Raworth describes seven different foundational economic models and assumptions that drive global policy decisions today. Most of these models are so ingrained in our daily lives and baseline economic understanding that we don’t even realize how much they also drive individual decisions. She equates recognition of some of these principles in our lives to a fish seeing water. A fish might never realize the impact of water on its life because it’s such second nature that its very existence is overlooked. Consequently, some of the economic principles she challenges are difficult to replace because they are deeply rooted in our understanding of how the world works. But it doesn’t have to be this way.
For each economic model, Raworth provides an alternative model that drastically changes the way the economic principles are applied to our lives and governmental policy decisions.
Growth Doesn’t Equate to Prosperity
Currently, she argues government policy and human perception in the developed and modern world rest on the assumption that growth drives prosperity. As GDP (Global Domestic Product) increases and nations become wealthier, most economists believe that the well-being of people naturally rise. The pie grows and everyone gets a bigger share. More financial wealth inherently brings with it greater levels of health and happiness. Raworth wants to turn that notion on its head. It’s outdated, over-simplified economics that twenty first century economists desperately need to debunk. I wholeheartedly agree with her.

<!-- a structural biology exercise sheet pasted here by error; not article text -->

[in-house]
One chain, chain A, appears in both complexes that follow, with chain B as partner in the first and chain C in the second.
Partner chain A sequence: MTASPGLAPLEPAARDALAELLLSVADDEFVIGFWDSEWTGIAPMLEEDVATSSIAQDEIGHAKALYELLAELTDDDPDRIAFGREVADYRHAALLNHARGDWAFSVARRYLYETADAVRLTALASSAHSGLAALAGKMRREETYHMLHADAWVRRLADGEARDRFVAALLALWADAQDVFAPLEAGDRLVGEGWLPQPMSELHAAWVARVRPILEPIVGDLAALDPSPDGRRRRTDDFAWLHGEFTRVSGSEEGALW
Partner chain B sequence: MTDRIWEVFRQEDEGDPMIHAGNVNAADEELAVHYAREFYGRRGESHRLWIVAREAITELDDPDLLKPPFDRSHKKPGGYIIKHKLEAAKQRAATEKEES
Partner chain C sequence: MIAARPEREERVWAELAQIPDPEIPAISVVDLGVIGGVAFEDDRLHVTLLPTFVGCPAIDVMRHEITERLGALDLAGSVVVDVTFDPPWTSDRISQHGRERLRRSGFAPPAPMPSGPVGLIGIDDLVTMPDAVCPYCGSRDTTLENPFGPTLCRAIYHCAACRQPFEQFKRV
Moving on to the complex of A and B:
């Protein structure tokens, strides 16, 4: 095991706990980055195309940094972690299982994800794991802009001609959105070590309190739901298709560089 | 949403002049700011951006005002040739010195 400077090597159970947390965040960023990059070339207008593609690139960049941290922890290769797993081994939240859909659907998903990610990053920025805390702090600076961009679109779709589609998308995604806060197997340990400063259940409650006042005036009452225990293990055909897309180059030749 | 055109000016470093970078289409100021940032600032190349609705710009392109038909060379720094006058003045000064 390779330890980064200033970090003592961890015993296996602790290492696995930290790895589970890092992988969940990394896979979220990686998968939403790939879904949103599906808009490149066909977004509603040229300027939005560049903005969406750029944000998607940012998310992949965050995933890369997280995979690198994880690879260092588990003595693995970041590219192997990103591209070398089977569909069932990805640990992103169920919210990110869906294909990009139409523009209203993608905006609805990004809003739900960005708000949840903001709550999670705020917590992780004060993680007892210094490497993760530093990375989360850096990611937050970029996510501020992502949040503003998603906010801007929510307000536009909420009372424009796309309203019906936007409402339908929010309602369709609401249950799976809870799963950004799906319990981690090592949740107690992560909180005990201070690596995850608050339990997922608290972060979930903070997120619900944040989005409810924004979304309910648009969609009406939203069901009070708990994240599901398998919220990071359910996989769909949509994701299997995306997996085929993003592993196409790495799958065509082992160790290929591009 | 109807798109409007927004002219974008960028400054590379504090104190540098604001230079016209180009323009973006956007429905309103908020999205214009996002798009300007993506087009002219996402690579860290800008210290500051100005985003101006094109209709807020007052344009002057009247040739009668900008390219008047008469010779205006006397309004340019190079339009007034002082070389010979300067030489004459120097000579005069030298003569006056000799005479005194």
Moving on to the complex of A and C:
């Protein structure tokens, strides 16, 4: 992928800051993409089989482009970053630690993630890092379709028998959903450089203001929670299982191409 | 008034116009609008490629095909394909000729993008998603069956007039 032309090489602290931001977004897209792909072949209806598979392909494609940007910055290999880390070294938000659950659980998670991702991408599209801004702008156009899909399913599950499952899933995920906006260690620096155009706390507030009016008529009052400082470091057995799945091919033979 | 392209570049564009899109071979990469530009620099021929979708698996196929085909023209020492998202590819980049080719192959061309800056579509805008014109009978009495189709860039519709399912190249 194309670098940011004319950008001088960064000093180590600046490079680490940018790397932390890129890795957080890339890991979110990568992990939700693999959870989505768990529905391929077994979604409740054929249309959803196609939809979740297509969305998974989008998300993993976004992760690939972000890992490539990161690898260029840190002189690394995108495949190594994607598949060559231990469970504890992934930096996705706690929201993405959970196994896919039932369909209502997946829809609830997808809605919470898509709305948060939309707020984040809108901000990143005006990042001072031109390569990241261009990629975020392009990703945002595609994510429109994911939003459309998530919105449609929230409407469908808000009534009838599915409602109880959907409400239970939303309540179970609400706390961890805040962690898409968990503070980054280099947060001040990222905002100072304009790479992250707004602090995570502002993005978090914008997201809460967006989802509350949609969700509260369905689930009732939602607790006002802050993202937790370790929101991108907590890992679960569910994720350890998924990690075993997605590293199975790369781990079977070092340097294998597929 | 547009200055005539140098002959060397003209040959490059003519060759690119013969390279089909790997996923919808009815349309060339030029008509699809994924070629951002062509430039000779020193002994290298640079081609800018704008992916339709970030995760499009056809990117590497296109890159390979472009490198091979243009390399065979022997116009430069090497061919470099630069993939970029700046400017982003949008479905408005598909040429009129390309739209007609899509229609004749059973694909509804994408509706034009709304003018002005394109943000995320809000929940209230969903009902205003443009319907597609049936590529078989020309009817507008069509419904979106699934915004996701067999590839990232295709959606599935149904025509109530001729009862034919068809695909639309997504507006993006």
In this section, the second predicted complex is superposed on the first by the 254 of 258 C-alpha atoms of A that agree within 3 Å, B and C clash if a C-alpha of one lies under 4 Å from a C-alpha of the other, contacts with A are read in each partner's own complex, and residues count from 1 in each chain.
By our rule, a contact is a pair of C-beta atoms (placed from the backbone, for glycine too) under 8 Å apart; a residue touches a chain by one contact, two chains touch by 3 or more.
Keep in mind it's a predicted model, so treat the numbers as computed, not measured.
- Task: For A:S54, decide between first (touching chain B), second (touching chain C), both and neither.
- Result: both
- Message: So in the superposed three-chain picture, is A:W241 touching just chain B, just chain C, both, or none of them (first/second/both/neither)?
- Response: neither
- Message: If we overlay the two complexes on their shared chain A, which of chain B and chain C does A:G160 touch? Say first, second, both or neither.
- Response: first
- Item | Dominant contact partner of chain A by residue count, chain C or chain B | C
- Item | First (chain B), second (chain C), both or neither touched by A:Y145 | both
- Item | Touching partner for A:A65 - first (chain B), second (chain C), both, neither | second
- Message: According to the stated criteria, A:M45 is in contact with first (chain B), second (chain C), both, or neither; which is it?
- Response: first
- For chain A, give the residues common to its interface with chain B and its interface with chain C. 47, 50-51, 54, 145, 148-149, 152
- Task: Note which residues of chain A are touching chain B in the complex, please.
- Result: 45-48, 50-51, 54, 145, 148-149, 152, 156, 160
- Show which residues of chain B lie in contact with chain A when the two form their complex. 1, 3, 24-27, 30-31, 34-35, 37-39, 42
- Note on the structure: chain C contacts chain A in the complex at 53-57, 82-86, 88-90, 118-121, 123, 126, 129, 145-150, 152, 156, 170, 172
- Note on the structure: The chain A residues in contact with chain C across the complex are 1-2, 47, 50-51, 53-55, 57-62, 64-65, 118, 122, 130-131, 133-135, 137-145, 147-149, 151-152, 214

Instead of chasing perpetual growth, Raworth wants economists (and the entire human race) to find everyone a home in the “economic doughnut”. She depicts this idea with an illustration quite well in her book. Inside the center of the doughnut, we fall short of meeting humanity’s basics needs. Outside the doughnut, we exhaust ecological resources. Within the doughnut, we find the equilibrium of meeting basic social needs for everyone without exploiting and overusing the Earth’s resources. Her illustrations and descriptions make so much sense!